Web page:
This is a story about a woman in love only with two things; herself and alcohol. Pete Malicki’s script is crafted with some skill. His jokes are incessant, and timed with a natural flair. His characters are abused and ridiculed, and no one is presented in a positive light. There is very little beauty and inspiration in the play, but it has a humour that will appeal to many. It is a harsh truth that Australians find alcohol funny. We laugh at people making destructive decisions and falling over due to drunkenness, and V.D. capitalises on that unfortunate part of our culture. It also takes advantage of the fact that making women desperate and dateless gets laughs easily. Sophie Webb is hopeless, almost idiotic, but she is not unrealistic, and of course, our artistic landscape must make room for all kinds of characters no matter how undesirable.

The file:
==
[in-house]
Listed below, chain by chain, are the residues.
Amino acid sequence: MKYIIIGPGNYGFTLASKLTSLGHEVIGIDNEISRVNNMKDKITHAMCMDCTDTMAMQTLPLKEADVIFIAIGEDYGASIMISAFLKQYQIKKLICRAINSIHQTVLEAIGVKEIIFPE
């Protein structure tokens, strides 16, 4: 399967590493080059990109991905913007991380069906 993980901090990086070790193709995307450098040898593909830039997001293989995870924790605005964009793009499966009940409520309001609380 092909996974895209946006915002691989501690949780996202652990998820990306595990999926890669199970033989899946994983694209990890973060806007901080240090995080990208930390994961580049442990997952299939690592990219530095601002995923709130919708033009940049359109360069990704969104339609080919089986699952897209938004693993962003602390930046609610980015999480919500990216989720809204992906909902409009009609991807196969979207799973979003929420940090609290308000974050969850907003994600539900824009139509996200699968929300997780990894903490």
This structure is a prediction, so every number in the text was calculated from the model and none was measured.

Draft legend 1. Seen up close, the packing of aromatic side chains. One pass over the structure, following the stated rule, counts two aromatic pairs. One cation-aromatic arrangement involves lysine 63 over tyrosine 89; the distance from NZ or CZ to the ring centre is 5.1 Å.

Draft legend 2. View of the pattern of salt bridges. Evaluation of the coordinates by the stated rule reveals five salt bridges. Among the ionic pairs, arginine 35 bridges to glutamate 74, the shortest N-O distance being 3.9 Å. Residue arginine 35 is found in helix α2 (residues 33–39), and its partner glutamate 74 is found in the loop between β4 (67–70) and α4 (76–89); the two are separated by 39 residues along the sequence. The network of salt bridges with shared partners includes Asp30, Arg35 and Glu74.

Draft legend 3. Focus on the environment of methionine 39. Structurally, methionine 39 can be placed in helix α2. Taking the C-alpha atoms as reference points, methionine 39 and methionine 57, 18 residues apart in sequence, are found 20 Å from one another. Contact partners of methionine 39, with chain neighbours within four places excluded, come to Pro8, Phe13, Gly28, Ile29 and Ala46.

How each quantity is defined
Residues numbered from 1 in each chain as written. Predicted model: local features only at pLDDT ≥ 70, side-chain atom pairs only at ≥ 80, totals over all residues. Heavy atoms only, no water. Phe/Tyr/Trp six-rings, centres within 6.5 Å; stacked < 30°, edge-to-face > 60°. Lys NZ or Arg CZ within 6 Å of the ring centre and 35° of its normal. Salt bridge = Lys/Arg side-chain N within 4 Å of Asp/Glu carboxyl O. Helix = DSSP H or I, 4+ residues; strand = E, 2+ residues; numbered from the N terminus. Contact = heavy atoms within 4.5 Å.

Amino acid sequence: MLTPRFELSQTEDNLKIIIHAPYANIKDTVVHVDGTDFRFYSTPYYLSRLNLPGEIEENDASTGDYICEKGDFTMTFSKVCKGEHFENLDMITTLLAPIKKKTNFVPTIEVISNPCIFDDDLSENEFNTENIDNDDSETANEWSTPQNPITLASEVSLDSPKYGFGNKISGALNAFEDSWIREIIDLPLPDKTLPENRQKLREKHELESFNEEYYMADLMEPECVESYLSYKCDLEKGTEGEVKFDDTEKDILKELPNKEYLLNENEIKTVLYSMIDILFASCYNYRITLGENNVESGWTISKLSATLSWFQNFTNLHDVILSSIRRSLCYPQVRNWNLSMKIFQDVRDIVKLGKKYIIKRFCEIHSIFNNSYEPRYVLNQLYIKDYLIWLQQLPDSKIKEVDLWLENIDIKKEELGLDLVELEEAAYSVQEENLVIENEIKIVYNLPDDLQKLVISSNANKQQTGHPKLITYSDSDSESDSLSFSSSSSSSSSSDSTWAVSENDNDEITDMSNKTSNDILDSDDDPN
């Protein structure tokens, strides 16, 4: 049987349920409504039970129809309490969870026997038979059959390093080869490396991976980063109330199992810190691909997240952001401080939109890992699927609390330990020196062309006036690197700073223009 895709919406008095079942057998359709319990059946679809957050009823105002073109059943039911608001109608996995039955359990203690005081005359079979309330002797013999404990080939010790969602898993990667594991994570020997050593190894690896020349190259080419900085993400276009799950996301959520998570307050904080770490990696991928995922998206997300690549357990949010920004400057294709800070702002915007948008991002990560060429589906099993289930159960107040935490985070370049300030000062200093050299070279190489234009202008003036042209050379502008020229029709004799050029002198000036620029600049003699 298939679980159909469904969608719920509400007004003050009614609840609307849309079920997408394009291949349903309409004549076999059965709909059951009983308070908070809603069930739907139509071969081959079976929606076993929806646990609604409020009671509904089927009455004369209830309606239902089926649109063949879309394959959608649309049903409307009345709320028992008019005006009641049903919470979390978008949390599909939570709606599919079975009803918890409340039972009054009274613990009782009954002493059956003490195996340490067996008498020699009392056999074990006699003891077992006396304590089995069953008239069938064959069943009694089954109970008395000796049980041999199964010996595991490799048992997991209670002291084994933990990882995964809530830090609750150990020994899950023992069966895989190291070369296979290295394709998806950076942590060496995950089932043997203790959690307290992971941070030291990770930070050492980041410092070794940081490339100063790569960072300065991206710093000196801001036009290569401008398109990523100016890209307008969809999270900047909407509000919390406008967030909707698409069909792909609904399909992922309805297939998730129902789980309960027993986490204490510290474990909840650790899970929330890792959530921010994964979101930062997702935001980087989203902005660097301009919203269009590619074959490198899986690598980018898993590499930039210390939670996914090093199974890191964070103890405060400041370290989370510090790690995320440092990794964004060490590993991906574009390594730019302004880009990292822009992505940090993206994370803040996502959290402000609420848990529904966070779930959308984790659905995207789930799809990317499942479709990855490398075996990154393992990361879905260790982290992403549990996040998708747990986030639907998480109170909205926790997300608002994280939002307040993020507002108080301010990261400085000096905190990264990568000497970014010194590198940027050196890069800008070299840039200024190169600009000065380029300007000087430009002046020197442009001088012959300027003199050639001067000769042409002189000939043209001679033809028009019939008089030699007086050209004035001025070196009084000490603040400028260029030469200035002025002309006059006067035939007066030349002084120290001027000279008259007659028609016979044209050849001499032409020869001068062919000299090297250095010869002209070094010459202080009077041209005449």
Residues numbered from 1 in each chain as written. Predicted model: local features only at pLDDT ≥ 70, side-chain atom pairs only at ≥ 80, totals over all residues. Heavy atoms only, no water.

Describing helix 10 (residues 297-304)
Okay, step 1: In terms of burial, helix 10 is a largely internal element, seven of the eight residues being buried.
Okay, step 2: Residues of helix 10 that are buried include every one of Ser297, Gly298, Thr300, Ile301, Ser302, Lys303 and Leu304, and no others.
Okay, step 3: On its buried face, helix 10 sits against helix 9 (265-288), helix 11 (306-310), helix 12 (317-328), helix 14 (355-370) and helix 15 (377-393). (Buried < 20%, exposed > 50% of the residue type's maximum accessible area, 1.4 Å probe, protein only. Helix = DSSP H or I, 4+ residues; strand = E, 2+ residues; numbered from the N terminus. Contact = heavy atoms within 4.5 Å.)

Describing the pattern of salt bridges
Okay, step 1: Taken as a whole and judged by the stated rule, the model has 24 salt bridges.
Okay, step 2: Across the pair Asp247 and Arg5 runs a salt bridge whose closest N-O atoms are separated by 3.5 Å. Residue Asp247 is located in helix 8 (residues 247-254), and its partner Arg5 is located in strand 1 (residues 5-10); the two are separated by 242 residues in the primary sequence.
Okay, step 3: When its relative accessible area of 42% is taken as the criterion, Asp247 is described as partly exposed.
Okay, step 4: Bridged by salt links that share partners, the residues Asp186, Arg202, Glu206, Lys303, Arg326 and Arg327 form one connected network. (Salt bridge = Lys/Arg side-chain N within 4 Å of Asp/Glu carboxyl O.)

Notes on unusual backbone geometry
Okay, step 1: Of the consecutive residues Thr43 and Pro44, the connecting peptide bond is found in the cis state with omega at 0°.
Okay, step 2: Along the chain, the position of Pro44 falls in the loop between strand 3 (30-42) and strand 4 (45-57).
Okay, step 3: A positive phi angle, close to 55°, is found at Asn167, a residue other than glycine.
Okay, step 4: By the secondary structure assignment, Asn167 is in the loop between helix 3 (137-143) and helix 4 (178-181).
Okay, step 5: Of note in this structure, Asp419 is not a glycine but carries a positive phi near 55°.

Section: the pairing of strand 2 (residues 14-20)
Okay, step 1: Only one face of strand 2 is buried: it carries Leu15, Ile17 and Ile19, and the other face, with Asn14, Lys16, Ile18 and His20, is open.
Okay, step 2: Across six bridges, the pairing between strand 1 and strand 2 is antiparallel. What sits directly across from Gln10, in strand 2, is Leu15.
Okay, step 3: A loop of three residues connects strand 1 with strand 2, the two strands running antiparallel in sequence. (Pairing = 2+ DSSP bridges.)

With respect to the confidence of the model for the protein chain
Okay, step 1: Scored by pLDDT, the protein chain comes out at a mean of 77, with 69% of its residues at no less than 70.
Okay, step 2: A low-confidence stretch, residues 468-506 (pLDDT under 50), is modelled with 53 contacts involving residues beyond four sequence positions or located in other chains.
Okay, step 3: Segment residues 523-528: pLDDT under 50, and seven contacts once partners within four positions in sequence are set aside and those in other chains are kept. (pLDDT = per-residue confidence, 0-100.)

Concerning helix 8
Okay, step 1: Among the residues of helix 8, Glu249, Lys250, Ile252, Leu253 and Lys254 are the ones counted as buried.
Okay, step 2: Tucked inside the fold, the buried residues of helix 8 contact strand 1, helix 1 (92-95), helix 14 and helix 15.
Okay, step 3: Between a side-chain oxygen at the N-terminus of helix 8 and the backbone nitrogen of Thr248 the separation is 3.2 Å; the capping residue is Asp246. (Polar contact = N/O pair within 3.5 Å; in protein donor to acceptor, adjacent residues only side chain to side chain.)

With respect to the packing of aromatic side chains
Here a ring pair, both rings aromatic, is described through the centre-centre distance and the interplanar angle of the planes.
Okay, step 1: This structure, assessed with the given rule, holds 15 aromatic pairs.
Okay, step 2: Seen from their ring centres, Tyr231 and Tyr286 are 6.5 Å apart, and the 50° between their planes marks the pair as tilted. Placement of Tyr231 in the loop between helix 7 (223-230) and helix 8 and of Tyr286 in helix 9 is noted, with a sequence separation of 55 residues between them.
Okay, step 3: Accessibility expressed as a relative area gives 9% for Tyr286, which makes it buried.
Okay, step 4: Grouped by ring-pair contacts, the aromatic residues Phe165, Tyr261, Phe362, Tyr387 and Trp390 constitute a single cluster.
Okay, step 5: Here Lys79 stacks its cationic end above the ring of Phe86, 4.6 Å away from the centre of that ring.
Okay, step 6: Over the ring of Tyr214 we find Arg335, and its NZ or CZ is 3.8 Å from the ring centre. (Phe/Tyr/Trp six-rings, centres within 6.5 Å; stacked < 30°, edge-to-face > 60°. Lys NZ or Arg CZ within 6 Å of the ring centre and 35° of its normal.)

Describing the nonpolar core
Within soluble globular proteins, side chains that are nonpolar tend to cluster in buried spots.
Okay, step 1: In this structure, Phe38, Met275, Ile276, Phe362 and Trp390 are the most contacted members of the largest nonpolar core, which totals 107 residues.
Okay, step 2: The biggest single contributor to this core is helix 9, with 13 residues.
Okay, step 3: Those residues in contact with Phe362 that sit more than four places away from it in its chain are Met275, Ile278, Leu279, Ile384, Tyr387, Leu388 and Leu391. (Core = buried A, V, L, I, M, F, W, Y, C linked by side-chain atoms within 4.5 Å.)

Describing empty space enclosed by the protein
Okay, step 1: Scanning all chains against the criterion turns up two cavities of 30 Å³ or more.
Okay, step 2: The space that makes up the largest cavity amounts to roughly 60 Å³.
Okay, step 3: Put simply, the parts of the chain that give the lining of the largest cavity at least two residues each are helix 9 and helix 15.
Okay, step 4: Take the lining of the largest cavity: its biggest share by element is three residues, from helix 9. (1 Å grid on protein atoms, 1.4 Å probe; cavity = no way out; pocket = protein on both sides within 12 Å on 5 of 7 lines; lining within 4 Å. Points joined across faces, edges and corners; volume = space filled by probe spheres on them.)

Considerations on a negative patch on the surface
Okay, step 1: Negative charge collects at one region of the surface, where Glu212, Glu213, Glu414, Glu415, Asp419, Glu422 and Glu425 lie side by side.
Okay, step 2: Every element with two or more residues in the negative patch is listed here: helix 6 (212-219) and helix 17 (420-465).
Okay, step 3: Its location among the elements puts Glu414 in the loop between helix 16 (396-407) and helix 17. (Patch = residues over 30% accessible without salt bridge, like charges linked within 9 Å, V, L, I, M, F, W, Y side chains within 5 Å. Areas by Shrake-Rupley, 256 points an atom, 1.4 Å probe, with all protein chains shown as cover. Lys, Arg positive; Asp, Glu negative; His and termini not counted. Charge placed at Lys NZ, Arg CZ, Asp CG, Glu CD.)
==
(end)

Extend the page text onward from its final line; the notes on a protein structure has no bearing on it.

The script is skilfully executed by director Lisa Eismen and actor Eliza St John. Presentation of the comedy is wide ranging, from the very broad to the very subtle. Character development is sometimes uncomfortable in the plot, but the women manage to create a narrative that is often believable, although the show’s ending is quite bewildering. St John’s performance is masterful. She is wild, intuitive and considered, with a conviction that can turn water into wine. Her work is completely absorbing, and she manages to endear herself to her captive crowd, like using sleight of hand techniques to mask the hideous uselessness of the woman she portrays.
The world can be an ugly place, and it is necessary to know its flaws. The theatre is not reserved for snowdrops and daffodils, and artists must not be censored, but audiences look for morals in stories, and maybe even find meaning in listening to what is being said. What V.D. articulates is sometimes true, but also very sad indeed. Life is worth living because of hope, and we need to acknowledge the darkness that we live with, but we must always recognise it as such.